10 Years On –

Scott Dixon's Quest For A Second Career Indy 500 Win

Verizon IndyCar Series Phoenix Grand Prix

2008 was a big year for Scott Dixon. The New Zealander got married and won the Indy 500 in the same year. And now, 10 years on, happily married and having escaped a huge crash at last year’s race at IMS, he wants to win at Indy all over again. In an exclusive interview for Mobil 1 The Grid, the veteran racer sat down with Lee Spencer to find out more about ‘that’ crash, and why 2018 might just be his time to shine again.

To say that Scott Dixon has fond memories of 2008 is a colossal understatement.

Among the highlights? He kicked off the year with his marriage to his wife Emma Davies in February. In March, Dixon won the IndyCar season opener at Homestead-Miami Speedway from pole. He then found Victory Lane again in May when he celebrated his first Indianapolis 500 win. Dixon scored a career-high 12 podium finishes before capping off the year with his second IndyCar title.

92nd Indianapolis 500

In the last decade, the Dixons have added two daughters to the family. The 37-year-old driver has earned two additional championships and climbed to fourth in the all-time list of North American open-wheel series career wins, with 41.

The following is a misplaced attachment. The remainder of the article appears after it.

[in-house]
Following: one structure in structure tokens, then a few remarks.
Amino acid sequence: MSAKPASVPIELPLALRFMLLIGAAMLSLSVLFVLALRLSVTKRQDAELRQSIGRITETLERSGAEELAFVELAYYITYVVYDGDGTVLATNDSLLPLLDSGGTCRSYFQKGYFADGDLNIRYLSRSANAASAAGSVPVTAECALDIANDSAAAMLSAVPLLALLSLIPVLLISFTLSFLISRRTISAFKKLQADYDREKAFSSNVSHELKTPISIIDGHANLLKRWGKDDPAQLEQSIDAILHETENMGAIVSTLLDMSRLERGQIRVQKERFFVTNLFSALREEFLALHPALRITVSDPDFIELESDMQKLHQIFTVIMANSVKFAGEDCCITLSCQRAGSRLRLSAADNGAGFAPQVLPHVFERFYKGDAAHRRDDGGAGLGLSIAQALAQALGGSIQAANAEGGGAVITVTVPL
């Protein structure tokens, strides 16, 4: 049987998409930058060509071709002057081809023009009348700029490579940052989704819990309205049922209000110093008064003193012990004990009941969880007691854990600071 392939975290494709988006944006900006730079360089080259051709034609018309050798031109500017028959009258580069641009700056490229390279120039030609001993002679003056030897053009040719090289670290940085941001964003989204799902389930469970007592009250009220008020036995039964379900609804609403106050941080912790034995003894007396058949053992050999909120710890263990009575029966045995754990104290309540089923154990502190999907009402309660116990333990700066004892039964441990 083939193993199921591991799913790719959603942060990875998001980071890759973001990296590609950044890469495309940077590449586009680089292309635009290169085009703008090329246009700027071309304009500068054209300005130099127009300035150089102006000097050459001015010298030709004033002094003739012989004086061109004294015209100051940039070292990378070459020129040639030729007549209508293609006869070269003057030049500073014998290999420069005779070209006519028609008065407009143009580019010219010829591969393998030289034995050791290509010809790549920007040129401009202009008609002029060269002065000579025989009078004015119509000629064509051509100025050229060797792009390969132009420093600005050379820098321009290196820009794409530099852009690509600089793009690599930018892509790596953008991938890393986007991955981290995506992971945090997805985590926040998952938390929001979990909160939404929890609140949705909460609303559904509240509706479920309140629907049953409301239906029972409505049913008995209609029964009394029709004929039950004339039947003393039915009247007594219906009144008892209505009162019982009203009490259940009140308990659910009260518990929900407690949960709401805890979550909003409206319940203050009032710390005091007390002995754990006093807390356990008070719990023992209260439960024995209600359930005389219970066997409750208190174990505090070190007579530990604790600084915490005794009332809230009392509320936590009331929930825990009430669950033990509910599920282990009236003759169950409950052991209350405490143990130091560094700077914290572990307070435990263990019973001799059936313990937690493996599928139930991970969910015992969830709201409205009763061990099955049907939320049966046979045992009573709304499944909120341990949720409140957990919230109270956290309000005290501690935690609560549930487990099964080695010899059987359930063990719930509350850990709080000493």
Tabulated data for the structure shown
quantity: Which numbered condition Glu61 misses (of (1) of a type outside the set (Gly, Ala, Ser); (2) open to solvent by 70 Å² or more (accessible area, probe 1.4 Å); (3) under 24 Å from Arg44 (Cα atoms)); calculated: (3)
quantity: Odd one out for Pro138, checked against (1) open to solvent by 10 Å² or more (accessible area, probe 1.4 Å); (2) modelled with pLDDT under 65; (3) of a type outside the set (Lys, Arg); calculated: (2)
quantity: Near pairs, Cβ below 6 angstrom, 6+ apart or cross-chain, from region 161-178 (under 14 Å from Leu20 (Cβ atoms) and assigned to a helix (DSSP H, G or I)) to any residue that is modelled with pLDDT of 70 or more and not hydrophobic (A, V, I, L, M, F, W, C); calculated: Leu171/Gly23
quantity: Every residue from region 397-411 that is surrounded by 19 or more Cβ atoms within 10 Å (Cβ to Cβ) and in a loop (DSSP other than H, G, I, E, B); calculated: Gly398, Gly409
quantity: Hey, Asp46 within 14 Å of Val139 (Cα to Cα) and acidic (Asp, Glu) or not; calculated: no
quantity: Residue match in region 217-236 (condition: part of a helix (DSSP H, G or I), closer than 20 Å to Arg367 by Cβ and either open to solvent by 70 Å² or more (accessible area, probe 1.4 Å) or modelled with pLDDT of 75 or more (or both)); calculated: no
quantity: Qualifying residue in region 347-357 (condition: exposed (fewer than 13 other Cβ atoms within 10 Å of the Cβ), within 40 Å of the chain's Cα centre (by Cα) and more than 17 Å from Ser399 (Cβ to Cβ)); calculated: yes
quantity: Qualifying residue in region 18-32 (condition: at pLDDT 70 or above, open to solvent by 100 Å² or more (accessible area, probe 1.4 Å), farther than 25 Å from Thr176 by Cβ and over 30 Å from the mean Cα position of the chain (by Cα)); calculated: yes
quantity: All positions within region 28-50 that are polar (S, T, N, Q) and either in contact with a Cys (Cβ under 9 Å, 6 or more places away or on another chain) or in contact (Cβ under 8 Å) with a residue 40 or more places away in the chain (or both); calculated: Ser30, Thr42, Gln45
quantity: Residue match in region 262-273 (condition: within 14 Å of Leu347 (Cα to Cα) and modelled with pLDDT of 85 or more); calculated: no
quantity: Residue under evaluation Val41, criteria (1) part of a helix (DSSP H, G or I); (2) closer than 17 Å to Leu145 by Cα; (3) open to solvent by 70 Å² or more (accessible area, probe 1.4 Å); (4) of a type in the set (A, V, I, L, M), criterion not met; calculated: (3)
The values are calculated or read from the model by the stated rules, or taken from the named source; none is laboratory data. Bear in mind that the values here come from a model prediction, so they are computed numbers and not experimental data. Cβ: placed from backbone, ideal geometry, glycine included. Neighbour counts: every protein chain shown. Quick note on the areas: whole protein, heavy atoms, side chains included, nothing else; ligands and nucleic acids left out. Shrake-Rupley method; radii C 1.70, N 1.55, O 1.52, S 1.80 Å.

Still, it’s hard to believe a decade has passed since the affable New Zealander won the Greatest Spectacle in Racing. He has yet to repeat the feat.

“It was one of the best years of my life, for sure,” Dixon told Mobil 1 The Grid.

“There was a lot going on. I got married that year to my beautiful wife Emma, we won the Indianapolis 500 and then the IndyCar championship. I guess you couldn’t have scripted 2008 any better.

92nd Indianapolis 500 Victory Celebration

“But I think we’re due again for another win at Indy. It’s been way too long. We’ve been close several times and finished second a bunch, too. Last year, we won pole, so maybe we can do that again in 2018 and convert it into a second win at the 500.”

Dixon’s pole-winning speed of 232.164 mph last May was the fastest four-lap qualifying run the Indianapolis 500 had seen since Arie Luyendyk topped the chart with his record 236.986 mph attempt in 1996.

Dixon led the first five laps at last year’s race.

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He was running eighth and had completed 52 circuits when the lapped car of Jay Howard ricocheted off the outside wall between Turns 1 and 2. Howard barely missed Tony Kanaan but Dixon had no time to react.